After that he worked at the Houston Contemporary Art Museum, where he was a preparator, helping build exhibitions, and a member of the FAQ Team, answering questions from museum visitors.
At the same time, he worked at the museum as a guard and at a private firm as an art handler, or mover.
Being a museum guard led to his interest in the topic of surveillance, which became a theme in his early work in photography and video.
After leaving Houston, Westerman came here, having received a fellowship for his first year of study at the UI. While in grad school he also taught at the UI and worked as an exhibition preparator at Krannert Art Museum.
Westerman also worked a part-time job, from 2004 to '08, as the exhibition designer at the Springer Cultural Center in downtown Champaign.
In his own art he now works primarily with wood, using as much recycled materials as he can.
In his circular paintings, he incorporates strips of wood that came from painted moveable exhibition walls at Krannert Art Museum. He "collected" them after the walls, which hold a lot of history, were discarded.
One reason he's into making the round paintings is he can cut the strips of wood he uses from odd-shaped pieces of recycled wood.
The new pieces call to mind the work of Sol LeWitt. Another big influence, Westerman said, is Josef Albers, an influential German-born American artist and educator.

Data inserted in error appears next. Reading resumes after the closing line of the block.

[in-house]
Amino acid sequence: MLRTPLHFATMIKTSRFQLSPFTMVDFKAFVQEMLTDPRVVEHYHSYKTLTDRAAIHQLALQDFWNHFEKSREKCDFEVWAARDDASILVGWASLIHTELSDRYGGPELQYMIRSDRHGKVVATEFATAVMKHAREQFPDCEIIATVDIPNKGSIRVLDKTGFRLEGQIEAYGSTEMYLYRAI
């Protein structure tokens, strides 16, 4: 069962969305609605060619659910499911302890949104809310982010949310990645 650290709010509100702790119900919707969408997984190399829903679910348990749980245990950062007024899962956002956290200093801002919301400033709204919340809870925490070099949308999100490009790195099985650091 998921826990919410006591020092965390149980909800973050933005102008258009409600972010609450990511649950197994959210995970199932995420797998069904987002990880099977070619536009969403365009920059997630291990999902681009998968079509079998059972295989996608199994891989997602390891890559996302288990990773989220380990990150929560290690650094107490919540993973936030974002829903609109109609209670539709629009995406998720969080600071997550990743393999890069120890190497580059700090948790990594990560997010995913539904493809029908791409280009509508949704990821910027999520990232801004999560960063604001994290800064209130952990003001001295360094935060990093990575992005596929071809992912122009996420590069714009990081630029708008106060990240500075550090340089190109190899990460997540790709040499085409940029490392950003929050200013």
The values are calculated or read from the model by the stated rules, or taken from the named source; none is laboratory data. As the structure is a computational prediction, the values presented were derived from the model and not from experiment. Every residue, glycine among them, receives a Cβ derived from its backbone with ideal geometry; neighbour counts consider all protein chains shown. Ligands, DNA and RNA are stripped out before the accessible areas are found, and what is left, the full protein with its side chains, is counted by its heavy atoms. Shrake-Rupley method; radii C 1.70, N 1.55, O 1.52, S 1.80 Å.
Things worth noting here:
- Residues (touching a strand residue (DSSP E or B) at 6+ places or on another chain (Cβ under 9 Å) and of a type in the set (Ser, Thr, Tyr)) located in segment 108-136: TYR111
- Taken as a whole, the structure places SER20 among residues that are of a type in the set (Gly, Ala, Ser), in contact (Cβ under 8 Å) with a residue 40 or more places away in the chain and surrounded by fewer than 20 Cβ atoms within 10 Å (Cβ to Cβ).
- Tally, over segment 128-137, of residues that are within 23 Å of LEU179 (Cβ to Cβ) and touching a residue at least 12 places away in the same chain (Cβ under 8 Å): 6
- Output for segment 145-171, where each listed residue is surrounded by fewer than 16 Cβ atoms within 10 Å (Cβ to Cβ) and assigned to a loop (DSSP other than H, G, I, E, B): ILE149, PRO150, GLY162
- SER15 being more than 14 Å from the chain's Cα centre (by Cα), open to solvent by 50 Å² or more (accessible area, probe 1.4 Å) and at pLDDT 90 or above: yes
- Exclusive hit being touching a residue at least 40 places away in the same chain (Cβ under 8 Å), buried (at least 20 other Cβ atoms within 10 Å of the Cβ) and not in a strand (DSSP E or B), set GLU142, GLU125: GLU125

Westerman also cites artists Mark Rothko, Barnett Newman, Bruce Nauman, Vito Acconci, Paul McCarthy, Jasper Johns and Rauschenberg.
"I feel I'm not so much inspired by them but standing on their shoulders," he said.
As for how he first became interested in art, Westerman said it might seem cheesy but one of his earliest memories is of watching his father draw a tractor on a T-shirt for Nathan's kindergarten homeroom team, the Tractors.
What really sealed his interest is typical of many artists: He had great art teachers through junior high and high school, among them Jana Macy, the high school teacher who inspired him to become an artist and teacher.
"She taught us art history along with the art-making process," he said.
Westerman has shown his art in at least 10 solo exhibitions and numerous group shows. An upcoming group show in which he will be represented is "Neopopstreetfunk 5," which opened Dec. 13 at Gallery M Squared in Houston.
Westerman also is a musician; he was the drummer in Evil Tents, a folk-dream band now on hiatus.
In a review of its 2011 CD release, a writer for Buzz Online of The Daily Illini described Evil Tents as "somewhat of a super-band, an amalgamation of various C-U projects like Withershins and The Firebird Band."
Whatever he does, Westerman chooses the best medium for executing his idea.
For now, that's wood and paint.
"Wood is one medium I know how to work well," he said.